Check This Out: Corona del Mar Is Crawling With Success

If you pay attention to the international sports scene, you probably know about the controversy surrounding the women’s distance runners of China. The Chinese have been setting world records as effortlessly as most of us set dinner tables. Some contend the Chinese are using performance-enhancing drugs. The Chinese deny this, saying their progress is based, at least in part, on a potion made from caterpillar fungus.

Which is why I had to stop in my tracks just outside the Corona del Mar High School gymnasium Monday afternoon.

There, just yards away from where the Sea King girls’ volleyball team was about to start afternoon practice, was a small, green caterpillar.

OK, it could have been a coincidence. But think about it. Corona del Mar--the top-ranked volleyball team in the nation--in the very same vicinity as this newly discovered Wonder Bug? Tell me there isn’t a connection there.


For years, we have been told that Corona del Mar’s success is based on hard work, eons of tradition and a seemingly never-ending supply of talent, most of which is developed at the club level from the embryo stage on.

This, we’re told, is why Corona del Mar finished 34-0 last year. This is why the 1992 Sea Kings won Orange County, Southern Section and State titles and finished as Volleyball Monthly magazine’s co-national champion (along with Burris High of Muncie, Ind.). This is why, with four starters returning, you’ll find CdM at the No. 1 position in preseason national rankings for 1993.

But maybe there was more to it than that. Caterpillar quiche, perhaps?

Lance Stewart, the team’s second-year coach, isn’t saying. He’s too busy being nonchalant. Before his team’s practice Monday afternoon, Stewart sat on the white leather couch in the Sea King coaches’ office, shrugging at questions about pressure and expectations all the while crushing the can of Dr Pepper in his hand.

Certainly, coming off a 34-0 season has its down side, and Stewart knows it. He says he expects to win every match this year, but he won’t be surprised if that doesn’t happen. Every team wants to be able to say they knocked off the defending national champions. Every opposing player wants to slam down the winning kill to beat Corona del Mar.

Stewart believes his players are ready for the challenge. Along with being terrific volleyball players, they’re a super mature bunch.

“It’s going to be interesting if, in fact, we do lose,” Stewart says. “It’ll be interesting to see their reaction. But I think we’re stable enough and humble enough to deal with it in a positive way.”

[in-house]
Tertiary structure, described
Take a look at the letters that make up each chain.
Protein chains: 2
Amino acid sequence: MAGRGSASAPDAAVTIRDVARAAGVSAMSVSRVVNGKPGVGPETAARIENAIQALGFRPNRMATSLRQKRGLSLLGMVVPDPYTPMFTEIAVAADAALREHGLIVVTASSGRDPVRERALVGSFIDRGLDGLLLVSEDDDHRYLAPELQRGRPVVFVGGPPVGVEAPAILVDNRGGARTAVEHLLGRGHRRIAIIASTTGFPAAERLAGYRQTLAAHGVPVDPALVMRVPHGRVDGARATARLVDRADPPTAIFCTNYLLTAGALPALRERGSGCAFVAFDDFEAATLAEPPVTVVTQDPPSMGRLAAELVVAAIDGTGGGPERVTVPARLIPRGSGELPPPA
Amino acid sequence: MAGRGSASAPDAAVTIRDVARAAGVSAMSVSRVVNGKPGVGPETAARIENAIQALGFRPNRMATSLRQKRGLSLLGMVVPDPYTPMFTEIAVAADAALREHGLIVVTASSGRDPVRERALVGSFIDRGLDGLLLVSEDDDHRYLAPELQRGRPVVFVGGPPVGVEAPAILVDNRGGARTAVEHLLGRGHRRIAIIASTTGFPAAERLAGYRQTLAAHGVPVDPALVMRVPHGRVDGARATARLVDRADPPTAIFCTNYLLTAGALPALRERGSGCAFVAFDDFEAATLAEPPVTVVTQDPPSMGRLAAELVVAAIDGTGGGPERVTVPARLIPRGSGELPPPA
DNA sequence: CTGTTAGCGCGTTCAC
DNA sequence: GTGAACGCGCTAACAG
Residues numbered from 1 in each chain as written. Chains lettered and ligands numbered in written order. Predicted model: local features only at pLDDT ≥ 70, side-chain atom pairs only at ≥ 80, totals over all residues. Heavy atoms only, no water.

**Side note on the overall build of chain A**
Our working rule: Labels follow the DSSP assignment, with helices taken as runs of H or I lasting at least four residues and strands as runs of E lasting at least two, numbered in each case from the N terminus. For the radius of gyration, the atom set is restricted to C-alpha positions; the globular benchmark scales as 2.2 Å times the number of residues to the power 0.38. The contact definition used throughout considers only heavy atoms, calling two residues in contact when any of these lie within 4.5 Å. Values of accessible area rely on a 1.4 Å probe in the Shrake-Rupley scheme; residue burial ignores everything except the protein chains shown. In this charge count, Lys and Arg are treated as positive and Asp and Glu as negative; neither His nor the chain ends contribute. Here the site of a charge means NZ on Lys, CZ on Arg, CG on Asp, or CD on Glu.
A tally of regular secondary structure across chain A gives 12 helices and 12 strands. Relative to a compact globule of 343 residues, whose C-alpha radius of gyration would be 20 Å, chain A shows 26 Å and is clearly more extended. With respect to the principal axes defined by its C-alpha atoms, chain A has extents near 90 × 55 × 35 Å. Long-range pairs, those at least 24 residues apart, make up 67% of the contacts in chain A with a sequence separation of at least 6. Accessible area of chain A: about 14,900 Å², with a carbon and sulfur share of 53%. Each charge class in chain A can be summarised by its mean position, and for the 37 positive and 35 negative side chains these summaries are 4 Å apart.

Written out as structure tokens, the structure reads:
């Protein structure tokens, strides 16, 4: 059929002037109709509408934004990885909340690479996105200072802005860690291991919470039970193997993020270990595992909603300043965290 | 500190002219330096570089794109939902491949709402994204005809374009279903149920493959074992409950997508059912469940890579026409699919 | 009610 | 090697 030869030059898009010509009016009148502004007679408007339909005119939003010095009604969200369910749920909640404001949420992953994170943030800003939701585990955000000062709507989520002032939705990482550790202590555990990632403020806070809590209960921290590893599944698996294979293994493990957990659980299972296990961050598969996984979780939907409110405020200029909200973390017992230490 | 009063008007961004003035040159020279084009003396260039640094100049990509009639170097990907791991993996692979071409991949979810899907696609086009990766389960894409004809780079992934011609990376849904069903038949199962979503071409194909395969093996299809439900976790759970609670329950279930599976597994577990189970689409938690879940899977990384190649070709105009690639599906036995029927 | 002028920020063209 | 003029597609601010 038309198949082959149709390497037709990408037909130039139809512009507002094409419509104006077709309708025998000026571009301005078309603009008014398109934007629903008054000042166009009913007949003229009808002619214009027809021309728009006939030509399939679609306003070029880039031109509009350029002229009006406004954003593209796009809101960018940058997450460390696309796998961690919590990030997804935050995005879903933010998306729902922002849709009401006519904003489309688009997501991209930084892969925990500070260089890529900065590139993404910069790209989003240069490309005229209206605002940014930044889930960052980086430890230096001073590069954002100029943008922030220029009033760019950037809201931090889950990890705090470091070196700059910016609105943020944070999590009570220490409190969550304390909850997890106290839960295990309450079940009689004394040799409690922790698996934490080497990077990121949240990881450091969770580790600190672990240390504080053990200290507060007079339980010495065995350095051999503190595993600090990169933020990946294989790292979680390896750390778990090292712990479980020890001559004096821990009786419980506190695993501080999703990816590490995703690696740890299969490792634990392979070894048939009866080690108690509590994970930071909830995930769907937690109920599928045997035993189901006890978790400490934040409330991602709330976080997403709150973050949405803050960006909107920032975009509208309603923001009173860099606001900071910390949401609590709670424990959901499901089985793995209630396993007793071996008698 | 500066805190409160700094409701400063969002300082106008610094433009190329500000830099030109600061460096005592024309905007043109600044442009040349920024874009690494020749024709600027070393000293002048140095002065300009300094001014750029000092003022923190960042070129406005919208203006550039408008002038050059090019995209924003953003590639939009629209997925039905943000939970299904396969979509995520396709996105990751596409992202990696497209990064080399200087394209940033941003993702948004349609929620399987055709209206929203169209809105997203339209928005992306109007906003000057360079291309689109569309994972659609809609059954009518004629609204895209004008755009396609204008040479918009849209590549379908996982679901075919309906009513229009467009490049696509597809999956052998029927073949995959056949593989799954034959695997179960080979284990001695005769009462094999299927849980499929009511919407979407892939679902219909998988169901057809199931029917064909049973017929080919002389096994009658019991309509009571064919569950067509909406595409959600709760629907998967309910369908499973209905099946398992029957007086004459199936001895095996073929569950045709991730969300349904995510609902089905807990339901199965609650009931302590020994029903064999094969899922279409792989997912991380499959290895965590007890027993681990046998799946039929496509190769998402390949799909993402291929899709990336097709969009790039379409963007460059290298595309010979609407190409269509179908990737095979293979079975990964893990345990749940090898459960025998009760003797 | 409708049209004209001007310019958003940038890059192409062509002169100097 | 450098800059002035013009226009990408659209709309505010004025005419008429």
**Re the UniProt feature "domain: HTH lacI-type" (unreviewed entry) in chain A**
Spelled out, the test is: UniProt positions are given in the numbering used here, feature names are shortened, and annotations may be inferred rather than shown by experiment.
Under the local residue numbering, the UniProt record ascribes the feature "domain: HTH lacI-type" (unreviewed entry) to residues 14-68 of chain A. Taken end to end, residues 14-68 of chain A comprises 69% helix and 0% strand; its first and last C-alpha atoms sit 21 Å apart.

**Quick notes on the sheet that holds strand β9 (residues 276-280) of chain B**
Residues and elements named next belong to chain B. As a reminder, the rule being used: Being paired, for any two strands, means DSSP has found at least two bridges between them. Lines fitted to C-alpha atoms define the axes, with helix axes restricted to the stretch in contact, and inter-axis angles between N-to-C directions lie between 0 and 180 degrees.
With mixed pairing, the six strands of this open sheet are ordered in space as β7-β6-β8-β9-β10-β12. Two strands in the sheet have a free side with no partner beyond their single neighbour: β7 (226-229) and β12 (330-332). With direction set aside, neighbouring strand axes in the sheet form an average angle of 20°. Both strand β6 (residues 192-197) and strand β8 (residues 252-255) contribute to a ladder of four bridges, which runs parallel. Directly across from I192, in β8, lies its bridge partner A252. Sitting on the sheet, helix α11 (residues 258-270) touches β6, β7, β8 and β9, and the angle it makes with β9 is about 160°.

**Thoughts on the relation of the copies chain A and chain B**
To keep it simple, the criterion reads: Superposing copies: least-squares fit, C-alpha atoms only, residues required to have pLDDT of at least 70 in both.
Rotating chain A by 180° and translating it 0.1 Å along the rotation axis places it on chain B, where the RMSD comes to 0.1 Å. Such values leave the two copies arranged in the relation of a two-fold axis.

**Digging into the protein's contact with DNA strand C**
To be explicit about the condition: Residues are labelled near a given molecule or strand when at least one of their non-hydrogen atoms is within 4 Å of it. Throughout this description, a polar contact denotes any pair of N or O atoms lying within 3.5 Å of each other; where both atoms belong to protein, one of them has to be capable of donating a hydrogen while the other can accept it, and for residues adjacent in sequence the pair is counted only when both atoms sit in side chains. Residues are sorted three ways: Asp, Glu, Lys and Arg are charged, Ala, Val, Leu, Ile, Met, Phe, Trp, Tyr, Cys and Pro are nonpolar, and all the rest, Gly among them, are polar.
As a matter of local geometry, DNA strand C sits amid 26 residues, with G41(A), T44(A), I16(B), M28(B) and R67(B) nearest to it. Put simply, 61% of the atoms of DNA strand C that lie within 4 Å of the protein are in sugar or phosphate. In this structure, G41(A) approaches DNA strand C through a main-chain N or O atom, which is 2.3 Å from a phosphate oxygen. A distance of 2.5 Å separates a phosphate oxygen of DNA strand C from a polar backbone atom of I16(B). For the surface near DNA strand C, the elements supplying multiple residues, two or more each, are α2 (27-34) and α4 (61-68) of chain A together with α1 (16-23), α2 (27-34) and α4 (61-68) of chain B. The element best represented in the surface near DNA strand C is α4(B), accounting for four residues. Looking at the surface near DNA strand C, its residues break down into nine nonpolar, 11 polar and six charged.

His players agree. Sure, they want to win Saturday’s Orange County Championships, just as they want to win another section and State title. But they try not to let the pressure get to them. Last year was special, they say, but last year is long gone. It’s time for the season of 1993.


“At first we were kind of scared to play (Newport) Harbor and start the season and everything,” captain Kristen Campbell says. “But I think people are ready to play.”

Stewart hopes it will be at a new level. He isn’t so sure Corona del Mar ever reached its peak last year, he says. He saw the flicker of greatness here and there, but he isn’t convinced they can’t play better. That’s why he’s having some of them hit the books.

Not volleyball books, mind you, but the kind of books you find stacked up on executives’ desks: “Seven Habits of Highly Effective People,” “Principle-Centered Leadership,” “All I Really Need to Know I Learned In Kindergarten.” Fun reading like that. Stewart, who has a library full of such material, hopes it will help his players develop better means of leadership.

Campbell, the school’s student-body president, is one of the lucky ones who gets to breeze through Stephen R. Covey’s “Principle-Centered Leadership,” a 326-page guide to managing relationships in business and life. Sample chapters: “Advantages of the PS Paradigm,” “Six Conditions of Empowerment,” and “Thirty Methods of Influence.”


Not exactly the kind of reading material a 17-year-old kid craves.

“I’ve barely opened it, I’ve been so busy with school and volleyball,” Campbell says. “My dad reads stuff like that . . . I guess I’ll approach it with an open mind.”

Just like you would with caterpillar quiche.